Area child care providers are following through on their plans to hold a half-day walkout next week to protest what they say are inconsistencies in Department of Human Services regulations at the Capitol in St. Paul.
At least five child care centers — Here We Grow and Child's Planet in Mankato, Hey Diddle Diddle in St. Peter, and Creative Minds and Robin's Nest in North Mankato — have confirmed they will close Wednesday afternoon to demonstrate inside the Capitol from 1:30-4:30 p.m. Local organizers expect more providers from around the state will join in as they publicize the event.
"We're not trying to inconvenience families but there does come a time where we have to advocate for ourselves, and we've reached that point," said Elizabeth Bangert, executive director at Here We Grow.
Bangert and other child care providers have recently testified before lawmakers about the inconsistent manner in which DHS inspectors cite providers, many times for seemingly small or frivolous violations.
She and her staff recently publicly shared about 4,000 citations for more than 300 child care centers in Minnesota. That DHS data spans about eight years, from 2010 to December 2017.
Bangert told lawmakers earlier this month they found 41 citations over toilet plungers found in the bathroom, 40 violations for adult scissors on a countertop and a violation for prickly grass. One child care center was cited for rabbit feces and a stick in nearby grass.
She has found support among Democrats and Republicans alike, but she said providers want lawmakers to review state regulations governing child care providers to make them easier to understand and enforce.
Lawmakers are looking into reforming some of those regulations this session. A bill sponsored by House Assistant Majority Leader Roz Peterson, R-Lakeville, would direct DHS to begin reforming child care regulations by reviewing best practices and gathering feedback from providers, inspectors and other state officials.
The House Health and Human Services Reform Committee took up the bill Wednesday, where Bangert testified such reform was necessary to hold inspectors accountable.
Child care providers have sometimes struggled with human services officials across the U.S. for decades. Tom Copeland, a nationally recognized advocate for child care businesses, said this could be the first time providers have sifted through public data or called for a walkout.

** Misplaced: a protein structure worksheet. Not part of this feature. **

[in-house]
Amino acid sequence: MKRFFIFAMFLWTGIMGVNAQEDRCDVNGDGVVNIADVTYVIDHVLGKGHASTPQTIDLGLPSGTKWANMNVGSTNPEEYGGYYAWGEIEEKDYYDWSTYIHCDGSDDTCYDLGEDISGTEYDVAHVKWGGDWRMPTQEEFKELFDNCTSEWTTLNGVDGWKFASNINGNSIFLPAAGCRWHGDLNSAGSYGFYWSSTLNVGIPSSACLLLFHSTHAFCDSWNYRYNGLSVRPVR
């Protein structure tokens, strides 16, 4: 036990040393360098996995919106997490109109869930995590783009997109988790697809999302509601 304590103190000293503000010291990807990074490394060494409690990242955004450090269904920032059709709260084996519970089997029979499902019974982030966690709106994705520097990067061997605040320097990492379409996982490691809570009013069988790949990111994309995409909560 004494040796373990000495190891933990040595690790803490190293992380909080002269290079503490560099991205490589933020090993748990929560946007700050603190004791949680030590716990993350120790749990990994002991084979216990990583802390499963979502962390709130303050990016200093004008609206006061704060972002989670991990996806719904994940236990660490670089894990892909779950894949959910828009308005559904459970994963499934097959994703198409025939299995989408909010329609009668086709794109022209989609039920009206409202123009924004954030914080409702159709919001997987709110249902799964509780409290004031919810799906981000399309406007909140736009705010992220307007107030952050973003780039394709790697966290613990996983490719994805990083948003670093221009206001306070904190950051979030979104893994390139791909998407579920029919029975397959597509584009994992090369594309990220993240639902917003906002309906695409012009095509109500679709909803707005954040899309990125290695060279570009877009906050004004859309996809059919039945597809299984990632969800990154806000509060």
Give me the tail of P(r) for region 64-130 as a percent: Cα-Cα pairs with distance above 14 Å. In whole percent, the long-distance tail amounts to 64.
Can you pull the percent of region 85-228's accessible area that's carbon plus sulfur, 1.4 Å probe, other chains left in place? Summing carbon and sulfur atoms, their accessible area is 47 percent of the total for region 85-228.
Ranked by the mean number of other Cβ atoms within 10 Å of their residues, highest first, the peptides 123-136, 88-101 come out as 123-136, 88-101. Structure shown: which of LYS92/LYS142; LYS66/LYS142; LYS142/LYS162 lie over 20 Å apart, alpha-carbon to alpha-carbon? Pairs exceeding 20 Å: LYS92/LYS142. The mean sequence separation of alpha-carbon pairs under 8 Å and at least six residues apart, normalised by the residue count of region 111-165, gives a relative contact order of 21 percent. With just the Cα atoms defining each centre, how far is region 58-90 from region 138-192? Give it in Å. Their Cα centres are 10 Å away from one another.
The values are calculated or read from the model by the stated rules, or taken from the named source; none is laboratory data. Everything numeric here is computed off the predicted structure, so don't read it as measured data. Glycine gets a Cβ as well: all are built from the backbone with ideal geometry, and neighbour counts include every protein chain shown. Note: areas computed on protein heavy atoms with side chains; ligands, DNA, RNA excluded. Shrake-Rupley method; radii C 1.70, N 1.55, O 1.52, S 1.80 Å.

"In other states, providers have been doing the same thing for 20 years, and nothing's happened," he said.
Citations carry harsh punishments for child care providers. Even seemingly small citations can force a center or a family day care to temporarily close while it addresses the issue. Because providers are often paid little — the average provider gets paid close to $9 per hour, according to state data — child care businesses often operate on thin profit margins, which means a citation could force businesses to close.
Some lawmakers point to increased regulations as the reason why there's a shortage of providers in the state, particularly in Greater Minnesota. The Mankato-based Center of Rural Policy and Development found Greater Minnesota lost more than 15,000 spots for children at child care businesses between 2006 and 2016. The majority of that came from in-home providers.
While regulations can affect child care businesses, Copeland points to a lack of government funding as the underlying cause of so many issues with running a child care business.
In the past, inspectors were able to offer advice to providers on child care issues before issuing citations. State funding hasn't kept up with increasing demands for services, however, and inspectors today are bogged down by higher caseloads.
At the same time, providers say they can't get the advice they need from state officials in a prompt manner. Because reimbursements aren't keeping up with child care costs, providers often don't have money to hire lawyers or seek legal advice to address their own situations, let alone state regulations.
"It's a completely underfunded system," Copeland said. "All of those things I think are part of it."
Regina Wagner, deputy inspector general at DHS, told lawmakers Wednesday state officials recognize they need to update some of the regulations and do a better job of communicating with providers.
"Folks are making it very clear that these rules are very outdated," Wagner said. "And when we have to use our variance authority, when we have to do these one-offs for things that are really system issues, we need to do a better job of capturing that, bringing it forward with stakeholder input and modernizing our rules."
Rep. Mary Franson, R-Alexandria, said she's heard from providers who are scared to testify for fear DHS inspectors will retaliate with surprise visits or citations. Bangert told lawmakers she went on vacation in mid-March so she could buy GoPros and look into legal services after she heard about a local provider visited by two inspectors who brought cameras with them, which Bangert said was the first time she had ever heard of inspectors using cameras during a visit.
Rep. Debra Kiel, R-Crookston, said she's discovered similar concerns in her district, only it's the parents who are asking lawmakers to do something about DHS inspectors.
"This is really happening, and it's in a place where two people had to quit their jobs because they did not have any other way to take care of their children," Kiel said.